Connect with us

Tips and How-To

Andy Koehn

mm

Published

on

KOEHN & KOEHN JEWELERS
writing April 19, 2010 from West Bend, WI

[h3]What a crazy day to start this journal. This would have been my wife’s 42nd birthday, but she died last August.[/h3]

I mention it because I have a feeling some of the things that I report will be laced with deeper-meaning-type things. I tend to get that way often because what we do for a living is not our life, it’s only a part of it. We shouldn’t forget that because good or bad, we are lucky to be in this industry.

We had our obligatory Monday morning staff meeting. If you don’t have regular staff meetings, you are missing out. It started out slow because we don’t have a tight agenda, but we’re a bit looser than most stores I know, and I love it.

I like to review our storewide goal as well as individual contributions to assess our progress in any given month. One of the sales staff mentioned that she wasn’t doing very well this month and it was puzzling to her because she was doing “everything she is supposed to do” to make her goal. She crushed the previous four months and her sudden dip didn’t make a whole lot of sense.

I’ve read it and seen it in my own life: the natural rhythm of this world is to move forward at some times, and backwards at others. The tides come in and go out. The sun rises and sets. Our foot traffic is off the charts for a day or two, and shortly thereafter we can’t seem to buy a customer. Sales goals come easily, and then they don’t.

Advertisement

I explained that, when low tide comes, the best thing is to keep working toward your goals without panicking. As long as you consistently take action despite evidence to the contrary, things will turn around and the tide will come back in. This seemed to help, and we all had a great day.

APRIL 20, 2010
I don’t want to get all political here but I’m a Hearts On Fire retail partner, and in my world they are the best brand on the planet. I just got done with a conference call about some of their initiatives, and not only are they listening to me, but they are taking action. I respect my vendors to be sure, but HOF goes much further than any company I’ve ever experienced to help us be successful. They get it in spades: we’re all in this together. It makes me want to do better for them in return. Seriously, how cool is that?

APRIL21, 2010
Got a call today from a rival magazine about something we do here that gets quite a bit of conversation. (I won’t mention the magazine, but its initials are J, C and K.) Several years ago I started to get our bridal customers’ autographs, but not the typical way. We ask them to sign our walls while the excitement of the proposal is still fresh. Our walls are covered in graffiti, and while it may not be the most elegant backdrop you’ve ever seen, it is something we’re proud of. 

APRIL22, 2010
I just got done talking about the logistics of the remodel. I’m giving the store a total facelift — inside and out.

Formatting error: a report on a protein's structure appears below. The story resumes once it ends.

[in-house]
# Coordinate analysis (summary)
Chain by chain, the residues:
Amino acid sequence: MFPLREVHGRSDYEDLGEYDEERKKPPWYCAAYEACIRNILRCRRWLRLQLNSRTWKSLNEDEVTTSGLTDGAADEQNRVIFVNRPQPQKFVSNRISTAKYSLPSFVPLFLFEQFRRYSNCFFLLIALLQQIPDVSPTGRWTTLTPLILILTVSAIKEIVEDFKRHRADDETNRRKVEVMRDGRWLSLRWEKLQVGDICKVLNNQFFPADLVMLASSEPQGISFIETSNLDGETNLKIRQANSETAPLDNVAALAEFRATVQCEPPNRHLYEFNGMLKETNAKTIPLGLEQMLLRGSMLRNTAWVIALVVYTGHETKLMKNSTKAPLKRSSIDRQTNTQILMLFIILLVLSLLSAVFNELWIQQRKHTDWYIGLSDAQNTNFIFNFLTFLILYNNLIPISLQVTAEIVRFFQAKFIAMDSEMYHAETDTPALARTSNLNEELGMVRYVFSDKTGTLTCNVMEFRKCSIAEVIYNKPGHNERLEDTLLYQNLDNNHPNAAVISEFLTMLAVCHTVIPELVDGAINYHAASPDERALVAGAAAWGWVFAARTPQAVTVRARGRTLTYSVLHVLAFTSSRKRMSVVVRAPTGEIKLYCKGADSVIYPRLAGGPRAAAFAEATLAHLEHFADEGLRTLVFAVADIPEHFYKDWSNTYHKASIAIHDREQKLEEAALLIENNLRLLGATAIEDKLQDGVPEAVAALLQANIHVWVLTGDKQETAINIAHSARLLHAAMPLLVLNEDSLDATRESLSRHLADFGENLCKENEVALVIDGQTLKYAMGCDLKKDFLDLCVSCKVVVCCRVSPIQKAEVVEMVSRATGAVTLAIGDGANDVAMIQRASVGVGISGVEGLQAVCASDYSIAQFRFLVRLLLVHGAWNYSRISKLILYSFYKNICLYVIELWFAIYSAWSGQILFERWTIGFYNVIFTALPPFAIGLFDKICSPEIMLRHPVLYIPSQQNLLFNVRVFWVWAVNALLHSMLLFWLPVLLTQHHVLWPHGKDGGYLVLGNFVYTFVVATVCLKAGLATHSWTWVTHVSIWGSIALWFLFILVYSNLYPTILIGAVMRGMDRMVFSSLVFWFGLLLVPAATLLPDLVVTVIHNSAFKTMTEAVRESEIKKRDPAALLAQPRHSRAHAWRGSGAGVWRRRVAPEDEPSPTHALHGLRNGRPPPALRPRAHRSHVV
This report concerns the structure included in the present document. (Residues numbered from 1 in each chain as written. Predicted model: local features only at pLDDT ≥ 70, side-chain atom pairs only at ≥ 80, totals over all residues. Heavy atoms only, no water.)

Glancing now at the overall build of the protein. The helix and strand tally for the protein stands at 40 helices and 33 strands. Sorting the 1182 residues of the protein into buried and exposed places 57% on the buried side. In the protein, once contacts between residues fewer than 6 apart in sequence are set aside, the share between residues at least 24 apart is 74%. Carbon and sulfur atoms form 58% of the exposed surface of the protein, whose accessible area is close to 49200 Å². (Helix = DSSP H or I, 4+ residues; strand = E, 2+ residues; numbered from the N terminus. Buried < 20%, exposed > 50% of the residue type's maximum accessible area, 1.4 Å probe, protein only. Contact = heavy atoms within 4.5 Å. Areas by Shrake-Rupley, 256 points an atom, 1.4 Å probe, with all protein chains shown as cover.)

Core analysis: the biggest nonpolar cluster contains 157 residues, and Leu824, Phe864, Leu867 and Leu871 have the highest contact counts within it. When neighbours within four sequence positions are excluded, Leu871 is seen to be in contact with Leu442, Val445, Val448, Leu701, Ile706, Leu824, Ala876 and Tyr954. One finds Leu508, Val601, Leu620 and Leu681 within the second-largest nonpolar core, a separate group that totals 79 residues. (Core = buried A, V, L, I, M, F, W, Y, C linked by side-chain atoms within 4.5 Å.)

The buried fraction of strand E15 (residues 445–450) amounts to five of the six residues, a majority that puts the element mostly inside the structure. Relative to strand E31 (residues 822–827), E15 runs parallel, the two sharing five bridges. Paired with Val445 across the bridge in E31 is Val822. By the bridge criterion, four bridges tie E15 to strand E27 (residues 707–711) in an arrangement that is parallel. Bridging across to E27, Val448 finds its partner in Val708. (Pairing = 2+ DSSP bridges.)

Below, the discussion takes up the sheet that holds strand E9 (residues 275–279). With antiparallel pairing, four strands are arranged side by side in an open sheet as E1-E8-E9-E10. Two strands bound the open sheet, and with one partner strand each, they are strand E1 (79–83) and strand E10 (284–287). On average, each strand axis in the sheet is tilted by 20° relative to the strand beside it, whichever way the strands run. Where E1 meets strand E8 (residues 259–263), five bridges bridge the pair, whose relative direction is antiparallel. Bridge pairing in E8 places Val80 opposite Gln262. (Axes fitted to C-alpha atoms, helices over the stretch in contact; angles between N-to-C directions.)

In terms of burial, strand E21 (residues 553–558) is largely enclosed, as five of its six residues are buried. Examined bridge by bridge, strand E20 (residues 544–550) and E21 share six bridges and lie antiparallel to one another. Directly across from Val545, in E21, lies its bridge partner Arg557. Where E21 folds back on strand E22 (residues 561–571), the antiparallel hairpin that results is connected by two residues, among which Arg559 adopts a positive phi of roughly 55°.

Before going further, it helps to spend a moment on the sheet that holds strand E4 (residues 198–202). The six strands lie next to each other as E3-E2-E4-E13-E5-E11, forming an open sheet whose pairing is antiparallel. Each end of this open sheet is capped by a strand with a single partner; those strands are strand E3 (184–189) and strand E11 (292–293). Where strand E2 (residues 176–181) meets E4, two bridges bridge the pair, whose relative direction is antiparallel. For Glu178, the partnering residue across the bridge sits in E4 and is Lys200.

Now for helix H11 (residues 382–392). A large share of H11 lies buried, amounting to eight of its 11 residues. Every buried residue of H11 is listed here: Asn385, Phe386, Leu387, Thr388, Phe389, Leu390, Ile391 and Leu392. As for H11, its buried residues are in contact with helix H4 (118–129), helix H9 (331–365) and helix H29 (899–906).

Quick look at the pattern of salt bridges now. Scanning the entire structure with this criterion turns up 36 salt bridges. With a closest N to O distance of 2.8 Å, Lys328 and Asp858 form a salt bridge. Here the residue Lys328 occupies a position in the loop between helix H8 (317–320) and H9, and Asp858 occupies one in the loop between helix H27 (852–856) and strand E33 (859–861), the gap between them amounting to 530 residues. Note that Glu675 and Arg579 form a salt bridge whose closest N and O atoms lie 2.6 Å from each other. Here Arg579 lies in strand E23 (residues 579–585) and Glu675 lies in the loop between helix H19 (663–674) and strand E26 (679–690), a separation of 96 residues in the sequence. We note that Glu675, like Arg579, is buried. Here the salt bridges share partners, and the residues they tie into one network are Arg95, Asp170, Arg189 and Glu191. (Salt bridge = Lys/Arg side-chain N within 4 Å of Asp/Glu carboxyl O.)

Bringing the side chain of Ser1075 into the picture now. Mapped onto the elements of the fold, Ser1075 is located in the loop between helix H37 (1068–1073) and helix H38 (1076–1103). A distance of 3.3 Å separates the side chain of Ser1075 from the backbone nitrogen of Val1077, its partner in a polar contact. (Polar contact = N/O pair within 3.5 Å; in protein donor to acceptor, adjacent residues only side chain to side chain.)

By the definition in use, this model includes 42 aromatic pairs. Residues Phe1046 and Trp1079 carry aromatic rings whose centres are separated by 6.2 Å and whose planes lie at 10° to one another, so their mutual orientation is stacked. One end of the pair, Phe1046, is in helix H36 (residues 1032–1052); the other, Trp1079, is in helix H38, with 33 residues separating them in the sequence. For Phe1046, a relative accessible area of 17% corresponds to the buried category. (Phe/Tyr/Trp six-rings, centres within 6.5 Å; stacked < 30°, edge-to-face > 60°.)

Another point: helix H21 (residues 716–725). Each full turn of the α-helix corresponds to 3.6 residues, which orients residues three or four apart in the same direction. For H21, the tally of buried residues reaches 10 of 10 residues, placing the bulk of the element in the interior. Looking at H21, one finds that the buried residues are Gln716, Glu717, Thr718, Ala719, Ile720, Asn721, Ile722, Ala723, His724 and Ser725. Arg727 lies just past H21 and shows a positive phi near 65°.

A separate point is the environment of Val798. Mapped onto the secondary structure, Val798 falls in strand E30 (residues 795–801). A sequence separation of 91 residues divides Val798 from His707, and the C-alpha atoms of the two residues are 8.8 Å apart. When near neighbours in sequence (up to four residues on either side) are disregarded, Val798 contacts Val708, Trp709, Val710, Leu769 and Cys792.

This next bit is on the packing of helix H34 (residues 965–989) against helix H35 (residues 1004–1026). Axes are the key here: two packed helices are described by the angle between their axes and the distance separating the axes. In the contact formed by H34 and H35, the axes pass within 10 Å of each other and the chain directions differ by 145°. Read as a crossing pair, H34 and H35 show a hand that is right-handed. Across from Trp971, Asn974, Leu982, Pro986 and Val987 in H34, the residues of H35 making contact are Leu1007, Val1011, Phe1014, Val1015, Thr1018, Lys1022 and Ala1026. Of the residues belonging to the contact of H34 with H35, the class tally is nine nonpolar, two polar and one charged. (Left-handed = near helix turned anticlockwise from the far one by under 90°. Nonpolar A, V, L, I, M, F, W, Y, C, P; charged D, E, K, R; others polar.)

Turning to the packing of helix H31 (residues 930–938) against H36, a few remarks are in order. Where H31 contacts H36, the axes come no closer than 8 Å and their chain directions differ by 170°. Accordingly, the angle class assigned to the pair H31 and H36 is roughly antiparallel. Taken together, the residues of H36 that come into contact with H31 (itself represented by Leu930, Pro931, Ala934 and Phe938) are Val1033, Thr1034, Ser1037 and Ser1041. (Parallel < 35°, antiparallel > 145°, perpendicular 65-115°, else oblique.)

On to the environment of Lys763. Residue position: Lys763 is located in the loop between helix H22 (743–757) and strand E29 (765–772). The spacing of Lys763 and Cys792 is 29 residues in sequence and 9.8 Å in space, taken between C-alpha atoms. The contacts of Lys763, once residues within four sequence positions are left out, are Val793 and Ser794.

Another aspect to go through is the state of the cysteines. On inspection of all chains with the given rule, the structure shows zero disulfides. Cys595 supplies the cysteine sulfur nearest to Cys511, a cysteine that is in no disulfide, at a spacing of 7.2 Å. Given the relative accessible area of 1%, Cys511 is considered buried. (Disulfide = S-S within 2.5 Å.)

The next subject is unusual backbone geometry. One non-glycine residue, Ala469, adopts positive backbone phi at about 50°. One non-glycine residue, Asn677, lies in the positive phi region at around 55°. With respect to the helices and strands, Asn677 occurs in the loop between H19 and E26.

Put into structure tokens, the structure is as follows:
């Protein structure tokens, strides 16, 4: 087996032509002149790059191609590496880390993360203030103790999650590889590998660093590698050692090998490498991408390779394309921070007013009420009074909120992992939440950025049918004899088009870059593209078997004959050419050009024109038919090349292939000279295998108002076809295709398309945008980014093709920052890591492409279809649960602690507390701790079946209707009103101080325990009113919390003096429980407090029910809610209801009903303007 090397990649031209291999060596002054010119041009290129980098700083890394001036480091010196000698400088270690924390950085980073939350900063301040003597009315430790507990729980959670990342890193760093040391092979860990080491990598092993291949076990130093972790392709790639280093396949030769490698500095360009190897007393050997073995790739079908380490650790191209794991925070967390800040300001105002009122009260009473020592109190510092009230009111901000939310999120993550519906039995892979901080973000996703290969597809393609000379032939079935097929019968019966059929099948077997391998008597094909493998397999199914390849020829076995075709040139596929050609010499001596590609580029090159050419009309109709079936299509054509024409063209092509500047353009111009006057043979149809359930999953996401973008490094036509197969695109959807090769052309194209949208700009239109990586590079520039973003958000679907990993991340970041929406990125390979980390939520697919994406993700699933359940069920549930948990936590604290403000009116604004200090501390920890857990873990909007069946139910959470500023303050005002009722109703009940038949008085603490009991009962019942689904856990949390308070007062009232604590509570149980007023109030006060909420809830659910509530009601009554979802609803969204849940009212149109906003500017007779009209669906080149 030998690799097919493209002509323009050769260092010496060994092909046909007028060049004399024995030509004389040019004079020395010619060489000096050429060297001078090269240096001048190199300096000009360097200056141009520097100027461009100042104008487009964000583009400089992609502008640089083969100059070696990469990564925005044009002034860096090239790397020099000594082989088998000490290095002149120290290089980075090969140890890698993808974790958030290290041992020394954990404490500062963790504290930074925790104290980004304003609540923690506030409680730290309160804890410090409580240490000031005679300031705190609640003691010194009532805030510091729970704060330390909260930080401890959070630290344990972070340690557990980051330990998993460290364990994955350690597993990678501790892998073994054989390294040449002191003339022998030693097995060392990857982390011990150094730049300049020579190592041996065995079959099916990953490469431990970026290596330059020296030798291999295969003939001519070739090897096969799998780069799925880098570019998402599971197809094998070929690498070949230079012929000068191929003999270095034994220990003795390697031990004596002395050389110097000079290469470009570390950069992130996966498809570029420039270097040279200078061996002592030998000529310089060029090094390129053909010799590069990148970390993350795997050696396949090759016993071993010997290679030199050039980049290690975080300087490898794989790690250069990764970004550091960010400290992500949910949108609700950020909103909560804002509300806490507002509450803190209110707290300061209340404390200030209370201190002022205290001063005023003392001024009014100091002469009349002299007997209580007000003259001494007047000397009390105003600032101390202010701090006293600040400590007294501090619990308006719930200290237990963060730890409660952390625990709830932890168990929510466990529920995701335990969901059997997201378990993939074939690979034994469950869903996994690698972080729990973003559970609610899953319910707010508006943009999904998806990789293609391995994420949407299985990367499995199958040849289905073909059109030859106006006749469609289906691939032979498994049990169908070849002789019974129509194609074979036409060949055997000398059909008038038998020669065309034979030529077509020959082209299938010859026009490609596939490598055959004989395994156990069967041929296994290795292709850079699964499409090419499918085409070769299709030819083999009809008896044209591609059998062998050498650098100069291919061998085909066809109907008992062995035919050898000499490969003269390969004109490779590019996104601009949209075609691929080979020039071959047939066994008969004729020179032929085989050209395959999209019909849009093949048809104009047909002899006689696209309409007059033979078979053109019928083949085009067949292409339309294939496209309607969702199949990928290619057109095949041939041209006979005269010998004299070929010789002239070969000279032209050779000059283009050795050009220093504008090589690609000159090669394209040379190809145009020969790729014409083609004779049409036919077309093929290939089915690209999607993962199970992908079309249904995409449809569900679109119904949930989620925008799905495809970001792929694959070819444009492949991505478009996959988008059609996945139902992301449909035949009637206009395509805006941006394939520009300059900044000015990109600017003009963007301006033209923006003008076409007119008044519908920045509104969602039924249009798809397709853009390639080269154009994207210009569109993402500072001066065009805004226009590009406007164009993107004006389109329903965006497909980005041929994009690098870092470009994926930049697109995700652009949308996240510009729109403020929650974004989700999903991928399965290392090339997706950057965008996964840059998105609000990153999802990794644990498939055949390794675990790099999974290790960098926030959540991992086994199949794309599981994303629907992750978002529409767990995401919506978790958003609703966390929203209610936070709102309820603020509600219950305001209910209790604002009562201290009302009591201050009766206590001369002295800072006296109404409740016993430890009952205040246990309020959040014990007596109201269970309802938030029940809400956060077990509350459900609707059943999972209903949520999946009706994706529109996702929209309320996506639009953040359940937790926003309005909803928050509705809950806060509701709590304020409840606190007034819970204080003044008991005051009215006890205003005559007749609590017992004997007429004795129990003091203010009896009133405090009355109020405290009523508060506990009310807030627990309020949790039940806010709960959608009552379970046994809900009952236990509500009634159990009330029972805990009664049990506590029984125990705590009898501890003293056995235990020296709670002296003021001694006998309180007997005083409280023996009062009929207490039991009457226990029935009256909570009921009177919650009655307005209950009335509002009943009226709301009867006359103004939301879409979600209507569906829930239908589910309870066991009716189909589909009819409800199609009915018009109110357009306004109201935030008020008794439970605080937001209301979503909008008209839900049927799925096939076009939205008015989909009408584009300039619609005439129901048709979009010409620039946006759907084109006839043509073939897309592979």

The problem is that there isn’t anything remotely logistical about my approach. Clare, my favorite English sales associate, was asking questions about how it’s going to go down: the timing … what are we going to do when “such-and-such” happens … who is going to be responsible for what — that kind of thing. I told her I’m a punter, and I trust the people I hire because that’s what they’re paid to do. In this case I was talking about my general contractor. It may be a little naïve to trust people that much, but there are worse things in life than missing a hoped-for completion date.

“You know,” Clare said, “you’re a lot like those students who start projects the night before they are due and still get an A.” I think that was a compliment, though I’ve had my share of Bs, Cs, and Ds. Better set up a meeting with the contractor. I want that A.

Advertisement

APRIL 23, 2010
Today was bank meeting day. I sat with my bookkeeper and a couple of bankers to iron out the details of the financing for the build-out. One of the subjects we touched on was what will happen to the business if I die. I find that death is a subject most of us are afraid to talk about so we say things like, “Do you have a contingency plan if something should happen to you?” Translation: How will we get our money back if you kick?

It’s a valid question and one that we should all have an answer for, even if we’re not currently looking for a loan. I don’t have a transition plan written out, although I do have one in the back of my mind. I would guess that’s pretty common too. Hmm, I probably shouldn’t count on a séance to communicate my wishes to this realm after I’m gone. The bottom line is I do have a plan, but it’s time to write it out and make it known to those who matter.

And so ends this journal from a week in the life of Andy Koehn as business guy. How bizarre that it started with the thought of a death and ended on the same subject. Who knew that’s where this would go? Life is so cool sometimes.

[h2]The tides come in and go out. The sun rises and sets. Our foot traffic is off the charts, then we can’t seem to buy a customer. [/h2]

Advertisement

SPONSORED VIDEO

Wilkerson Testimonials

Wilkerson Helped This Jeweler to Navigate His Retirement Sale Despite a Pandemic

Hosting a going-out-of-business sale when the coronavirus pandemic hit wasn’t a part of Bob Smith’s game plan for his retirement. Smith, the owner of E.M. Smith Jewelers in Chillicothe, Ohio, says the governor closed the state mid-way through. But Smith chose Wilkerson, and Wilkerson handled it like a champ, says Smith. And when it was time for the state to reopen, the sale continued like nothing had ever happened. “I’d recommend Wilkerson,” he says. “They do business the way we do business.”

Promoted Headlines

Most Popular